The Science of Aliens


of an Exhibition

by Andrea Bandelli

Published on May 13, 2007

  • Description:

    I saw this traveling exhibition at the Museum of Science in Miami. The exhibition is produced by the production company of Science Museum in London “The Science of…”.
    When I entered the first room in the exhibition I was a little confused. In the displays on the wall there was a mix of science fiction objects – books, replicas and puppets about Frankenstein, Dracula and robots. True, a big replica of the monster from the movie “Aliens” was there to greet the visitors – but so were two explainers warning families that the first room of the exhibition might be too scary for children, and that they could use a separate entrance to go directly to the third room.
    The first two rooms were quite traditional – glass cases on the wall with objects and comprehensive labels to describe them.
    Video projections on the wall were displaying short clips from science fiction movies connected with the objects.
    I guess these first two rooms were meant to give an overview of “aliens” as a common theme in science fiction, and the fascination with weird life forms.
    The third room was a dramatic change in design and presentation. In a rather dark environment, large tables and sculpture-like displays presented interesting examples of extreme life forms, from fascinating creatures that live in deep abyss to extremely efficient organisms that survive in the most difficult environments. On long tables there were cool examples of organisms that survive without oxygen for example, or in ice, acid, fire etc. My problem with many of these tables can be seen in pictures 5-6-7: the bad lighting projected a long dark shadow on the tables and the labels. I was almost alone in the exhibition, so the shadows weren’t a problem for other visitors. Still, quite surprising to see such basic design flaws. In the same room there were also some exhibits on space exploration, with quiz-based tabletop activities on our solar system and outer space.
    The next area in the exhibition was about possible planets where life could have developed. A short video clip presented some short interviews with scientists that developed scenarios of life in outer space. In the same room, long text panels described in more detail two of these scenarios, and stylish stands provided comprehensive technical information about all sorts of life forms that inhabit the two planets, “Bluemoon” and “Aurelia”.
    A few steps later it became clear why that information was necessary. On two long tables a computer and projection system created an interesting multiuser interactive experience, like a large touch screen that simulated life on Bluemoon and Aurelia. By touching the table on any creature a pop-up window would open describing the characteristics of that creature, how it behaves and interacts with the other creatures and the environment etc. The interface is brilliant: I’ve seen several installations of this kind, and I always find it so much natural than any touch screen or screen based interfaces.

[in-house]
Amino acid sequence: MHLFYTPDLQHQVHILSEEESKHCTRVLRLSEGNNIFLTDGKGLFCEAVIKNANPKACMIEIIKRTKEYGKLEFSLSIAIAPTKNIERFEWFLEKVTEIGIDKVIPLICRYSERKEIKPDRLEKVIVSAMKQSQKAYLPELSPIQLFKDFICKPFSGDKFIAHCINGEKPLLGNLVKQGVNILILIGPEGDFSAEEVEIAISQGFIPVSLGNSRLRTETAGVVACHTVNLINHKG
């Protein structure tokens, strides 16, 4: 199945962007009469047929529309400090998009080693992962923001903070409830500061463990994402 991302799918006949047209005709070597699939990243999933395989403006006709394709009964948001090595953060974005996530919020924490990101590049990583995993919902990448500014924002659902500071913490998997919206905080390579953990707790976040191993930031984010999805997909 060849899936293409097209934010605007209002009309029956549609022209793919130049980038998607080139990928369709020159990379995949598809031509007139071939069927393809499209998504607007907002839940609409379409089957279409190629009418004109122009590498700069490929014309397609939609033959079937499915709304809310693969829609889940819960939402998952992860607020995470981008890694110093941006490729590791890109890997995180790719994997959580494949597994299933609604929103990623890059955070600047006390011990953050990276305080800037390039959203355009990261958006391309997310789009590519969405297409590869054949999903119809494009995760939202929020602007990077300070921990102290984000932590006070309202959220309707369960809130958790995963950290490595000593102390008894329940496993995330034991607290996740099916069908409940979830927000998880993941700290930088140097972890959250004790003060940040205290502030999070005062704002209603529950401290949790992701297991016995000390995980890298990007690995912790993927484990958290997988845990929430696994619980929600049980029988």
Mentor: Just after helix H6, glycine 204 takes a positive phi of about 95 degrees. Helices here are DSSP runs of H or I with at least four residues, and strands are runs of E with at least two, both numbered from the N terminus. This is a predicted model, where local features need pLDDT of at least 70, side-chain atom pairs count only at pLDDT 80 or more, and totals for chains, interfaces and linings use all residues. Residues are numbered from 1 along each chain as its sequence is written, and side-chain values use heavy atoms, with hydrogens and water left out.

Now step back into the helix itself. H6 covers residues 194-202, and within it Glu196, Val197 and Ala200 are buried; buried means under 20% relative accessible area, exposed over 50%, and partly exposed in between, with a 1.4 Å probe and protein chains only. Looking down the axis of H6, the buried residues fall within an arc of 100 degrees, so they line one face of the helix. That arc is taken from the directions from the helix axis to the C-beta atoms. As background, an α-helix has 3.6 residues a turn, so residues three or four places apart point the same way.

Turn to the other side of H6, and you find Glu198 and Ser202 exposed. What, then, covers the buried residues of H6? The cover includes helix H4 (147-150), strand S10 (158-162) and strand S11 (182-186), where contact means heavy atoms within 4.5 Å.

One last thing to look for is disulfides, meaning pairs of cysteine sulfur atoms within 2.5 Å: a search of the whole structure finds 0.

Finally, the last part of the exhibition is about communicating with aliens. I found really interesting to see on display the various messages that were sent to space in different NASA missions. We really assume aliens are extremely intelligent and smart in order to decipher those cryptic information! But it’s also interesting to see how “western” is the information we sent up there.
    The lights were quite bad here too, and this time they were almost at eye level resulting in being light blinded quite a few times just by walking around this area.
    The last exhibit was a big projection screen with three computer stations were one could compose a message to send to space, and the screen displays all the messages that the visitors write.
    The computers have a simple interface with a trackball to select among a fixed number of words that can be assembled to create the short message. A camera is supposed to take a picture of the visitor, but the dark environment and the fact that the camera is pointed very low makes it impossible to take a decent photo.
    I sent my message too, before leaving…

Latest Comments (3)

Aspects of comfort

by Wendy Pollock - May 13, 2007

It sounds as if inattention to lighting almost overwhelmed the compelling experiences this exhibition offered. I’m reminded of what the Excellent Judges Framework calls “aspects of comfort” — including lighting and factors like ergonomic fit and orientation devices. The Framework can be a useful reference point for conversation about what makes for a good exhibition. It’s available at

Install problems?

by Bryan Kennedy - May 14, 2007

I wonder if the poor lighting is the result of this specific install of this show or if it is the result of the design of the exhibit. I’ve seen exhibits in multiple locations installed with remarkably different lighting.


by Diana Issidorides - May 18, 2007

“You ignored the most important part of design: to understand your users.”
Donald Norman [professor emeritus of cognitive science UCSD]

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